37 Years Later, One Weird Rock Opera Album Made An Animated Sci-Fi Movie Into A Classic
One movie still has the touch, thanks to the rock music that fueled it.
Those robots in disguise, the Transformers, have returned to movie theaters, and will soon be hitting home video, too. If you’re a child of the eighties or nineties, the latest live-action epic, Transformers: Rise of the Beasts, will remind you of your childhood in one specific way. Not only does Optimus Prime look boxy and trucky the way he’s supposed to look, but the movie also features the live-action debut of the planet-destroying Transformer, Unicron.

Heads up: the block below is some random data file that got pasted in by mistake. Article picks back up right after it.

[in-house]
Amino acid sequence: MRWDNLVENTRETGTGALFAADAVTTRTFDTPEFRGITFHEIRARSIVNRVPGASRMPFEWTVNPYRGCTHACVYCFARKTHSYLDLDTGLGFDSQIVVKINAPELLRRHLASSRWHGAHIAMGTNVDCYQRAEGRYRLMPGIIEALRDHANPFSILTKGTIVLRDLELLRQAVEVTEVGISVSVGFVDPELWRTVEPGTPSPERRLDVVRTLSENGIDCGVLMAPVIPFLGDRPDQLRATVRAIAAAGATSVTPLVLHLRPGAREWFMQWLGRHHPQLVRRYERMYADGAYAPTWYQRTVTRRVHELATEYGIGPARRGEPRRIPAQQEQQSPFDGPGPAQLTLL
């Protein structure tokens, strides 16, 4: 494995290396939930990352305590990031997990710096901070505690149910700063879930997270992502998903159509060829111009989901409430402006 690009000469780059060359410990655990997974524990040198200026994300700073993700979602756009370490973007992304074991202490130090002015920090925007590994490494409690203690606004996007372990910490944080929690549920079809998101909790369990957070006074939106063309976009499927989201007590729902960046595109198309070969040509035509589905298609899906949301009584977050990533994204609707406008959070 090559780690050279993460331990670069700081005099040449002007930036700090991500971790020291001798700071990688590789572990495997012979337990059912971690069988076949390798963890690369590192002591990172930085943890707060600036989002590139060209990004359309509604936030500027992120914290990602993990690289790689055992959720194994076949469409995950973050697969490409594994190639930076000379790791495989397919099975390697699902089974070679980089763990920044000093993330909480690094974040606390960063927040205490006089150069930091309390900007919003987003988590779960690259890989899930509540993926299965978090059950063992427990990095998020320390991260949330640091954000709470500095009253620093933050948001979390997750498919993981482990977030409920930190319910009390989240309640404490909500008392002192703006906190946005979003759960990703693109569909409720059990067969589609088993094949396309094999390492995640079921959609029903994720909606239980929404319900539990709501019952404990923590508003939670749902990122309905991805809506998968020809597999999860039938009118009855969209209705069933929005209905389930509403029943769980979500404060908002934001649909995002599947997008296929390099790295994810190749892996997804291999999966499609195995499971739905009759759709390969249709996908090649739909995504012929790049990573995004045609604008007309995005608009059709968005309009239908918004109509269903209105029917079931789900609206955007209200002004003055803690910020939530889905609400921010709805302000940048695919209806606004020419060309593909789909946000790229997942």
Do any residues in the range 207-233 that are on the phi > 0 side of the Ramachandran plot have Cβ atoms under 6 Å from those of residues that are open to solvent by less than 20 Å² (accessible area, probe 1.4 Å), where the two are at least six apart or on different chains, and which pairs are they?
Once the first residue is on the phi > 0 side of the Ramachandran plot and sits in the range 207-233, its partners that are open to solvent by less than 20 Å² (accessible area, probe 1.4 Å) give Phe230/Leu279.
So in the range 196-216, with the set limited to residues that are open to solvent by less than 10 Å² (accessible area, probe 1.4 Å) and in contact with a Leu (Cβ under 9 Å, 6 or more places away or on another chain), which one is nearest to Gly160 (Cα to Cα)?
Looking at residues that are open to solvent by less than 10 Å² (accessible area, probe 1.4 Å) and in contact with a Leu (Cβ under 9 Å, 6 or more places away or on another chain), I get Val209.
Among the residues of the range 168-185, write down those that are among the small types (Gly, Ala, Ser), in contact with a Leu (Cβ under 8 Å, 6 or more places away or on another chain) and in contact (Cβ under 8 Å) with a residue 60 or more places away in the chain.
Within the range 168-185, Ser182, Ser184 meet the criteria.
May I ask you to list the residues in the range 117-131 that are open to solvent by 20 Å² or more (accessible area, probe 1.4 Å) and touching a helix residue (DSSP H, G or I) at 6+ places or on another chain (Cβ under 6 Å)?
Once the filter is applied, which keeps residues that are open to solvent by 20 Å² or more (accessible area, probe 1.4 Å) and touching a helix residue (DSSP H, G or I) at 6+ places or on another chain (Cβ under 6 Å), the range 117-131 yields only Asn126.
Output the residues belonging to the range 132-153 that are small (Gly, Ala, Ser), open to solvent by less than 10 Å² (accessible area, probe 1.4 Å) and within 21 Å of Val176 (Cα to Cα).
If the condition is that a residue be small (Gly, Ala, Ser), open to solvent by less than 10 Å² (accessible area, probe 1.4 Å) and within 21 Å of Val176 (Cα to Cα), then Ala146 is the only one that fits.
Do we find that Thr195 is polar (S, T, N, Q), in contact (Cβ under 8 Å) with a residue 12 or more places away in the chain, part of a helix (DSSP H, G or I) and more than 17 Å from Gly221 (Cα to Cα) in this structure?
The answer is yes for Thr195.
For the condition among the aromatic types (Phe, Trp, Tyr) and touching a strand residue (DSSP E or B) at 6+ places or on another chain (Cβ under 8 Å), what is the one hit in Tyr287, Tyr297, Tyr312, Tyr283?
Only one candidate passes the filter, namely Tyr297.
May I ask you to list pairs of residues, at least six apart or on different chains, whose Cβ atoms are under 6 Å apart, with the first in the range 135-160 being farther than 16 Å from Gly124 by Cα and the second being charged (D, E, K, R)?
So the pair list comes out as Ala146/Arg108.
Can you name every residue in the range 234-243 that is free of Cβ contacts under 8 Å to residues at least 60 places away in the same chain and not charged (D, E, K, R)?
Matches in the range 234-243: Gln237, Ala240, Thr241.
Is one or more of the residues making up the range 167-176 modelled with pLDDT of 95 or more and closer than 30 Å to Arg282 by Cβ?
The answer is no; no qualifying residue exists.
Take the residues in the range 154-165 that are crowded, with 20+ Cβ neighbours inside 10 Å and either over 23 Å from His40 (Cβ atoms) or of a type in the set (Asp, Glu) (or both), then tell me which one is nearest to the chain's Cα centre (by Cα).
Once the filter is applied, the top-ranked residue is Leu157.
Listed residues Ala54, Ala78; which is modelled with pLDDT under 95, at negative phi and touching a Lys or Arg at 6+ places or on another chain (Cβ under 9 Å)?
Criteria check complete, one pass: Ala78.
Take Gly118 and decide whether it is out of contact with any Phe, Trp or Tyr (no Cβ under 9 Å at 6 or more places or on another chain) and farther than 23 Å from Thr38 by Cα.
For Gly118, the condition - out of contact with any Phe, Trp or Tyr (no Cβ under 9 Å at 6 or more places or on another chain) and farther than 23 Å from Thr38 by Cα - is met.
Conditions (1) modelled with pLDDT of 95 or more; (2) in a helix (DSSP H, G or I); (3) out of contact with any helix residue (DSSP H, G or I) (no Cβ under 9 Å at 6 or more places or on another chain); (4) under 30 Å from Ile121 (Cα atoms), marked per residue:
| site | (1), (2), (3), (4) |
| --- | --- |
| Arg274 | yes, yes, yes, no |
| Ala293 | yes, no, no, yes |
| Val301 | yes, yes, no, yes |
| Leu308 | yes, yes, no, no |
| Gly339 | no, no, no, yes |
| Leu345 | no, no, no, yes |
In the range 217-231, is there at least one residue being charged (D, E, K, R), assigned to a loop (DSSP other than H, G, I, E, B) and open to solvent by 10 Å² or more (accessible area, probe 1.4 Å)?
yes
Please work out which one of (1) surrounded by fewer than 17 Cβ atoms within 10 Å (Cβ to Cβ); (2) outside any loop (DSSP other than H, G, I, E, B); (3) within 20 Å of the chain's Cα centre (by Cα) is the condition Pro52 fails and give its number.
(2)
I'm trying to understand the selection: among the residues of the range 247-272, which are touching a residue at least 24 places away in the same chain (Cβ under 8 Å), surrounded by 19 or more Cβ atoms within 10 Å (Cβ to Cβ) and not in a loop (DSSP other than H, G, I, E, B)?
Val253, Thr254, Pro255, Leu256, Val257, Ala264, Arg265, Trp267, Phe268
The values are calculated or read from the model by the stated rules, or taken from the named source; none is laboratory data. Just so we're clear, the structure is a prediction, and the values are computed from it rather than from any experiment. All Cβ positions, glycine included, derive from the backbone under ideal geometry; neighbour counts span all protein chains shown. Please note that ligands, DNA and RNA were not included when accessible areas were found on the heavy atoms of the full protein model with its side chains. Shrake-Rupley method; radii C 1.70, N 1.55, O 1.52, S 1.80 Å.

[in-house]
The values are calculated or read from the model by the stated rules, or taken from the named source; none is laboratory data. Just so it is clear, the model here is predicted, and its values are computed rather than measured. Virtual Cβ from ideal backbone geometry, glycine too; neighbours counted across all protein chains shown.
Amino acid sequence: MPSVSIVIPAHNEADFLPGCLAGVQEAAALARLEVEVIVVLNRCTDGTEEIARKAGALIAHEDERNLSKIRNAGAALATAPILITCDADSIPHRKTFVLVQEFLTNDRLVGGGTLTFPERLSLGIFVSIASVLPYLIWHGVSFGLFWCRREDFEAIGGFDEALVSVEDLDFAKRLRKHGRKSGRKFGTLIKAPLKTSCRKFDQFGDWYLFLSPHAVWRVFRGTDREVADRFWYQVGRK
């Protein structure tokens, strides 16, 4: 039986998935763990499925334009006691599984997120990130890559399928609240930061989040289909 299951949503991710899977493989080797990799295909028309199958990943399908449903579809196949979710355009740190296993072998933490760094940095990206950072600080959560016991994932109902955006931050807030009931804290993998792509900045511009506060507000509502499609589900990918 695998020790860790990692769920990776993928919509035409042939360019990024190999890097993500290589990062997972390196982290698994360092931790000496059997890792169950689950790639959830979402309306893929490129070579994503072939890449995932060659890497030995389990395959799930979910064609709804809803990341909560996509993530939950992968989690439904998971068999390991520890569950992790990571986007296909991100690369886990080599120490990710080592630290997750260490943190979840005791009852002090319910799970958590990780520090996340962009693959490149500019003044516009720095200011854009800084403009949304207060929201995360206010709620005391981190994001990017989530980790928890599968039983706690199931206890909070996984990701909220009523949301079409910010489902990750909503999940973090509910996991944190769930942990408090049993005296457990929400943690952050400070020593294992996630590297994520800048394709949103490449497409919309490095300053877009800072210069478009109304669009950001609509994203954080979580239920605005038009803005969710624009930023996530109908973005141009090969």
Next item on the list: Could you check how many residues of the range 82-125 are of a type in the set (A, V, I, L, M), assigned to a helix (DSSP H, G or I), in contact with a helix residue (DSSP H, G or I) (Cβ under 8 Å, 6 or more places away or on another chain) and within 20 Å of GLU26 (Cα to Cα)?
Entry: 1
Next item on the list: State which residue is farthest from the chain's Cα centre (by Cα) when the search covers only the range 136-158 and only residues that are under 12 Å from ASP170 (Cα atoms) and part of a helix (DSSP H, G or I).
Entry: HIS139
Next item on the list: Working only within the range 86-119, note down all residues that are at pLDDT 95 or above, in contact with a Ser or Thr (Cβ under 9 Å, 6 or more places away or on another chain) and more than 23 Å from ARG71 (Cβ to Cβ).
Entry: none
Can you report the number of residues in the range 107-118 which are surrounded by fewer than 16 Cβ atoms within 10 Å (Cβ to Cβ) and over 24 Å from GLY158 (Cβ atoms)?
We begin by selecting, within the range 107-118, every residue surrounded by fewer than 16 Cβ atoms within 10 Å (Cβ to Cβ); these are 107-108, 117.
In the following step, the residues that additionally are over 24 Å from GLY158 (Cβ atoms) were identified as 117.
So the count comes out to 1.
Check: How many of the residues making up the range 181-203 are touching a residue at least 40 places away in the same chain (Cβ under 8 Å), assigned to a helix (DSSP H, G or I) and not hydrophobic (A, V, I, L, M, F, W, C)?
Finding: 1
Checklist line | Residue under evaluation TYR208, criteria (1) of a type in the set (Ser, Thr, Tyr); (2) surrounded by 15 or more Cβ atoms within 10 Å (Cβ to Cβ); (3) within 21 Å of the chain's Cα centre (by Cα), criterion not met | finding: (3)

Sound familiar? If you’re pushing 40, it should! Back in 1986, Unicron first appeared in the beloved Transformers: The Movie, and at that time, he was voiced by the late great, Orson Welles. It was one of Welles's last movies ever, but the rest of the voice cast was just as impressive. Eric Idle of Monty Python fame appears late in the movie as a junk robot named Wreck-Gar, the legendary Robert Stack plays Ultra Magnus, Leonard Nimoy plays the other villain, Galvatron, and ‘80s Brat Pack star Judd Nelson leads the cast as Hot Rod, the Autobot who would be king. But, these famous names are likely not the reasons you remember this movie as a kid. You remember Unicron devouring a peaceful robot planet in the opening scenes, and you remember, crucially, Optimus Prime (Peter Cullen), dying in the first 20 minutes. The brazen decision from Hasbro and the Transformers powers-that-be in the ‘80s was brilliant and probably helped more kids understand grief than any other movie released in that decade.